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Collection of health information

1 Oct 2016

Summary

“Health information” is defined extremely broadly in the HIPC and includes all medical history, and is not limited to information provided to a health professional by a patient.1 The information need not even bear directly on a person’s health or on health services they have received, provided it concerns an identifiable individual and was collected in the course of and incidental to the provision of any health service.

Regulation

The management of personal and health information is largely regulated by statute, in the Privacy Act 1993 (Act) and more specifically the Health Information Privacy Code 1994 (HIPC) issued as a code of practice under the Act. The HIPC applies to all agencies providing personal, public health or disability services from the largest hospitals to sole health practitioners.2

Collection of health information is covered by Rules 1-4 of the HIPC, including the purpose of collection (rule 1), the source of the information (rule 2), transparency towards the individual (rule 3) and the manner of collection (rule 4). Together with rule 5 (regarding security and storage of health information), these rules are intended to reinforce individual autonomy and people’s control over their information by requiring transparency of collection and handling.

Content to be collected

With regards to the content of the health information, and more specifically what should be collected as part of a patient’s medical records, the MCNZ recommends keeping clear and accurate patient records that report:3

  • Relevant clinical information
  • Options discussed
  • Decisions made and the reasons for them
  • Information given to patients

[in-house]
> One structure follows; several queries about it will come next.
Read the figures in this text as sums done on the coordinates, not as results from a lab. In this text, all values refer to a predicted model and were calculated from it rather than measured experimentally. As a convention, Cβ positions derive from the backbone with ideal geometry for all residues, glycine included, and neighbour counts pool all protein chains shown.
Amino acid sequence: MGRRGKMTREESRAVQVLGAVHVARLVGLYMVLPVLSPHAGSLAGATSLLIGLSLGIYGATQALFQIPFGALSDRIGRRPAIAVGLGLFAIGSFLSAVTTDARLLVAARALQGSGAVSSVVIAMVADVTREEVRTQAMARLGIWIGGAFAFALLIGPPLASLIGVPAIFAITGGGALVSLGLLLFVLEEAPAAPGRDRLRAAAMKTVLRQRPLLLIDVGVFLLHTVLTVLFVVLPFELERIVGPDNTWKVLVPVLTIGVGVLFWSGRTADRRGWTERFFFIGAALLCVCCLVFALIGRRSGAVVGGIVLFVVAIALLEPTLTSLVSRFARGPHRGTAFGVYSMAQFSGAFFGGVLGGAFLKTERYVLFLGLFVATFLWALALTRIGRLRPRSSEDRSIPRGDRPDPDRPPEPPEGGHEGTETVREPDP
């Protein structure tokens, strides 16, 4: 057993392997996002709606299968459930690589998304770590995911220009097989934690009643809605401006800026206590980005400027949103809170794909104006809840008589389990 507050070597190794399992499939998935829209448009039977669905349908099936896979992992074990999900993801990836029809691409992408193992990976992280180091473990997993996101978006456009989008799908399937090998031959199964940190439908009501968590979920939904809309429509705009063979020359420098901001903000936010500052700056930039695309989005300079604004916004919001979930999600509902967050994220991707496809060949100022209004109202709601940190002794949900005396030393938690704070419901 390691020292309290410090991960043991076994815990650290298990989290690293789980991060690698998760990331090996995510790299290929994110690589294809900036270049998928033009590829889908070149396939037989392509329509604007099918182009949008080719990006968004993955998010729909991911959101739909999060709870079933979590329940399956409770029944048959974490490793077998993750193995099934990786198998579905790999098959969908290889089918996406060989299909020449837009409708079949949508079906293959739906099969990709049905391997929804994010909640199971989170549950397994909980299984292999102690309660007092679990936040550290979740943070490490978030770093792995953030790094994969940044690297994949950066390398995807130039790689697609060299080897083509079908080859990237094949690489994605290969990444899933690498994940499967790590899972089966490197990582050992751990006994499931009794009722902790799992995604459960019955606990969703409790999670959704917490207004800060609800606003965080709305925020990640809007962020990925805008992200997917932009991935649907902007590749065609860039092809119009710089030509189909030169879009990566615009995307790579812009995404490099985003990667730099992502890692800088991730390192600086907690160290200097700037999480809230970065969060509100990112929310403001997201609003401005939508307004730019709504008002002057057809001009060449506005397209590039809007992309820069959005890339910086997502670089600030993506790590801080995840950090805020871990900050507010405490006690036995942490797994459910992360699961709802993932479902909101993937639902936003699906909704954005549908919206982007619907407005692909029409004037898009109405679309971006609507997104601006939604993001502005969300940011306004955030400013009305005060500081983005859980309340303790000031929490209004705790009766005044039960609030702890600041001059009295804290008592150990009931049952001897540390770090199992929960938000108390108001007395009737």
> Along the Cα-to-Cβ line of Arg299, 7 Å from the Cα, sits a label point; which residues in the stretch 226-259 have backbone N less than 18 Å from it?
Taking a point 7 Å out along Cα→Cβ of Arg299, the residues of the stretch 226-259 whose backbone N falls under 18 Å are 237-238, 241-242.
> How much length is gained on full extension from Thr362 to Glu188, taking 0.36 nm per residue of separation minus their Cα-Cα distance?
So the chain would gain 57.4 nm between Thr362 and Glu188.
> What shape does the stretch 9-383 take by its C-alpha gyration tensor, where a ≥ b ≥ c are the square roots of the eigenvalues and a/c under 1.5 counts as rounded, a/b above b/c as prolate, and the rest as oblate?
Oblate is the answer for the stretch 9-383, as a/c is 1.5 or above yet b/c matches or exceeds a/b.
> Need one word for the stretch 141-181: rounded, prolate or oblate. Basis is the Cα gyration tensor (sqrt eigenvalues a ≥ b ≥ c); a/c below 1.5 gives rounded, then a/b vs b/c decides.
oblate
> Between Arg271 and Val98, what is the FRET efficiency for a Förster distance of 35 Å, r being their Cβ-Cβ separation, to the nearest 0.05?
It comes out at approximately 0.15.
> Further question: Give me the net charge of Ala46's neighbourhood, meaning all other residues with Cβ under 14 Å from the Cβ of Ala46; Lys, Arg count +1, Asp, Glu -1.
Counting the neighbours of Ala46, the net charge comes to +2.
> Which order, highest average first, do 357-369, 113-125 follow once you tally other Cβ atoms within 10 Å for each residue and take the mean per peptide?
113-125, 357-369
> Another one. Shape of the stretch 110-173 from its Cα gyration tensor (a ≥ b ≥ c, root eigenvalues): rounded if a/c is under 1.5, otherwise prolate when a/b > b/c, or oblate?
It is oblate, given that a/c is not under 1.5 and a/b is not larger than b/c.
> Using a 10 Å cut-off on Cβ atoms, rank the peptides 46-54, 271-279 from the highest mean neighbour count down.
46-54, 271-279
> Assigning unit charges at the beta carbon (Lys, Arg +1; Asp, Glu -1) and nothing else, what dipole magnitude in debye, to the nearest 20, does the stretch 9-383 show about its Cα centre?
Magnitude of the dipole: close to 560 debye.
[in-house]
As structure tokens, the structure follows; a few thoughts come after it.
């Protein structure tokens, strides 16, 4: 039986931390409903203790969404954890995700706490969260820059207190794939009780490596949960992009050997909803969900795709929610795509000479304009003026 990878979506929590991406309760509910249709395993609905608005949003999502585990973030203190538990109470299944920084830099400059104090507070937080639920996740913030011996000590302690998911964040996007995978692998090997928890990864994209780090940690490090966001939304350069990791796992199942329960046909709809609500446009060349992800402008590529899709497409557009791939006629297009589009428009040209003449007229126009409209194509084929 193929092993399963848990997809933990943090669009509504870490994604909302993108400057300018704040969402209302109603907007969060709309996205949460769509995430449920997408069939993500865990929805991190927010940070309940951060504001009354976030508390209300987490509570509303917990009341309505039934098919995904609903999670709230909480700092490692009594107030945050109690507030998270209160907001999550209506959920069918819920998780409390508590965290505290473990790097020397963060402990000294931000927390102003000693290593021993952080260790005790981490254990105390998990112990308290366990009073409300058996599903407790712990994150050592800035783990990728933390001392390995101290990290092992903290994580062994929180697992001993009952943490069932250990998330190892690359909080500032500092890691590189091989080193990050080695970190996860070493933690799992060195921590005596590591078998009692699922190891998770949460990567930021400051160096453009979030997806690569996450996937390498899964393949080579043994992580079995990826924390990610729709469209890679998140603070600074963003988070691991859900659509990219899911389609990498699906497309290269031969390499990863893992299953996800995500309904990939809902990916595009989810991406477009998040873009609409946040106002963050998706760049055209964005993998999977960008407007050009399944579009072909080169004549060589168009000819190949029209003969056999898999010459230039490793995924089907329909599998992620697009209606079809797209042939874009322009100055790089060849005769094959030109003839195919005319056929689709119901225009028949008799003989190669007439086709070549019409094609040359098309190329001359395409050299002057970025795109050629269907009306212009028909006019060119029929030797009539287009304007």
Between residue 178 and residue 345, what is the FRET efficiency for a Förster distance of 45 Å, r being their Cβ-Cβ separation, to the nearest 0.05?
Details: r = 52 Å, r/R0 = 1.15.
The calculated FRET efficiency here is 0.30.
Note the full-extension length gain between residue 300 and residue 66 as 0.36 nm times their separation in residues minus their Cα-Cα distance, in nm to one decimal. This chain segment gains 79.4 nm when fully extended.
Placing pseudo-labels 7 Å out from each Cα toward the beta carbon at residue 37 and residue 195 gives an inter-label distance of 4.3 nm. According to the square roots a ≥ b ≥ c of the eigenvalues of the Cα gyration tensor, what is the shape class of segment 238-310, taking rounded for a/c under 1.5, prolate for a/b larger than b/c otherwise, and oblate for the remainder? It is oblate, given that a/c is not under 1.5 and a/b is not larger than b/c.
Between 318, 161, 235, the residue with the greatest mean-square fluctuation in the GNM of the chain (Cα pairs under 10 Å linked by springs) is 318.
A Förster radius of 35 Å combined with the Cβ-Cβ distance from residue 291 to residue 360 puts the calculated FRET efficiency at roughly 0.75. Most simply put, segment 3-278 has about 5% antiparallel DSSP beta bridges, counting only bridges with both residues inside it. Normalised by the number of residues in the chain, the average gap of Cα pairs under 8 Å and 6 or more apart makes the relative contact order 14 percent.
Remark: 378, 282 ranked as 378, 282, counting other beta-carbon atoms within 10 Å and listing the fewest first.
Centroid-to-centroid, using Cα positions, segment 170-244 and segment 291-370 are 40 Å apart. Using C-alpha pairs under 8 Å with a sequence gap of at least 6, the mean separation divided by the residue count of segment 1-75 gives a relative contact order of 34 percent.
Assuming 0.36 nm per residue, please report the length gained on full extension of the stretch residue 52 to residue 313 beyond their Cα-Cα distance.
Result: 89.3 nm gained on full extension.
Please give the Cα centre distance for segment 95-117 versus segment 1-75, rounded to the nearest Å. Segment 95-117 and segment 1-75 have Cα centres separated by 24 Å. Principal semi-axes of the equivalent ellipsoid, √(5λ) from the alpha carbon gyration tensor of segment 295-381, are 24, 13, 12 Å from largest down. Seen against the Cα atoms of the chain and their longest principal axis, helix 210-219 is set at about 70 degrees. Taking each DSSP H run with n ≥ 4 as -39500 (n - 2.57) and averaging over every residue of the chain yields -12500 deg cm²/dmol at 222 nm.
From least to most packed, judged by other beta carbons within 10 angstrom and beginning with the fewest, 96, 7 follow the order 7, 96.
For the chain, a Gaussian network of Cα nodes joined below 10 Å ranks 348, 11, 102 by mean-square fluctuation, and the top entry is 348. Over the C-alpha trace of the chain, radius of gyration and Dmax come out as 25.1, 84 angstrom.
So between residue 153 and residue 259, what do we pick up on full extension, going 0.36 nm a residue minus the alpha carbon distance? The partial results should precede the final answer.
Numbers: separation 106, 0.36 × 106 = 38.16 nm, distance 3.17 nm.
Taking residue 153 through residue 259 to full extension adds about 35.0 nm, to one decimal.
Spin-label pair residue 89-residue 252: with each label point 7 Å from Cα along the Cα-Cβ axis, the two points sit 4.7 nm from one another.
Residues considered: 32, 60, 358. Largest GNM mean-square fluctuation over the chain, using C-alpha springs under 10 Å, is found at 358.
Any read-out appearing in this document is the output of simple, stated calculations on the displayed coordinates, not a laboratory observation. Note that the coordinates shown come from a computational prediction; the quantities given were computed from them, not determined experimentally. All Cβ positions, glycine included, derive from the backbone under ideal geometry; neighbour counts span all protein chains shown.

• The proposed management plan
  • Any drugs and other treatment prescribed

The MCNZ recommends that these records are made at the same time as the events occur or as soon as possible afterwards. Upon review of these records, if a practitioner feels they are inaccurate, incomplete or misleading, it is appropriate to augment a record in such cases, making it clear when and by whom the augmentation or annotation was made. The earlier entry however should never be deleted, obliterated or changed.4

Ensuring the patient is aware of what is collected about them

Firstly, as a general rule, a health agency should always endeavour to collect the information directly from the individual concerned, and when doing so, an agency must take all reasonable steps to ensure that the individual is aware that the collection is taking place, is aware of who is doing the collection, for what purpose, and with what intentions (if any) to pass the information to others.5

The individual should also be told the name and address of the agency which will be keeping the information, and that they have a right of access to it. If practicable because these steps should be taken before the information is collected or as soon as possible afterwards.

There are a number of exceptions to the general rule to collect information directly from the individual concerned. These include if the health agency believes on reasonable grounds that the individual authorises collection of the information from someone else, or if compliance is not reasonably practicable because it would prejudice the interests of the individual or the purposes of collection.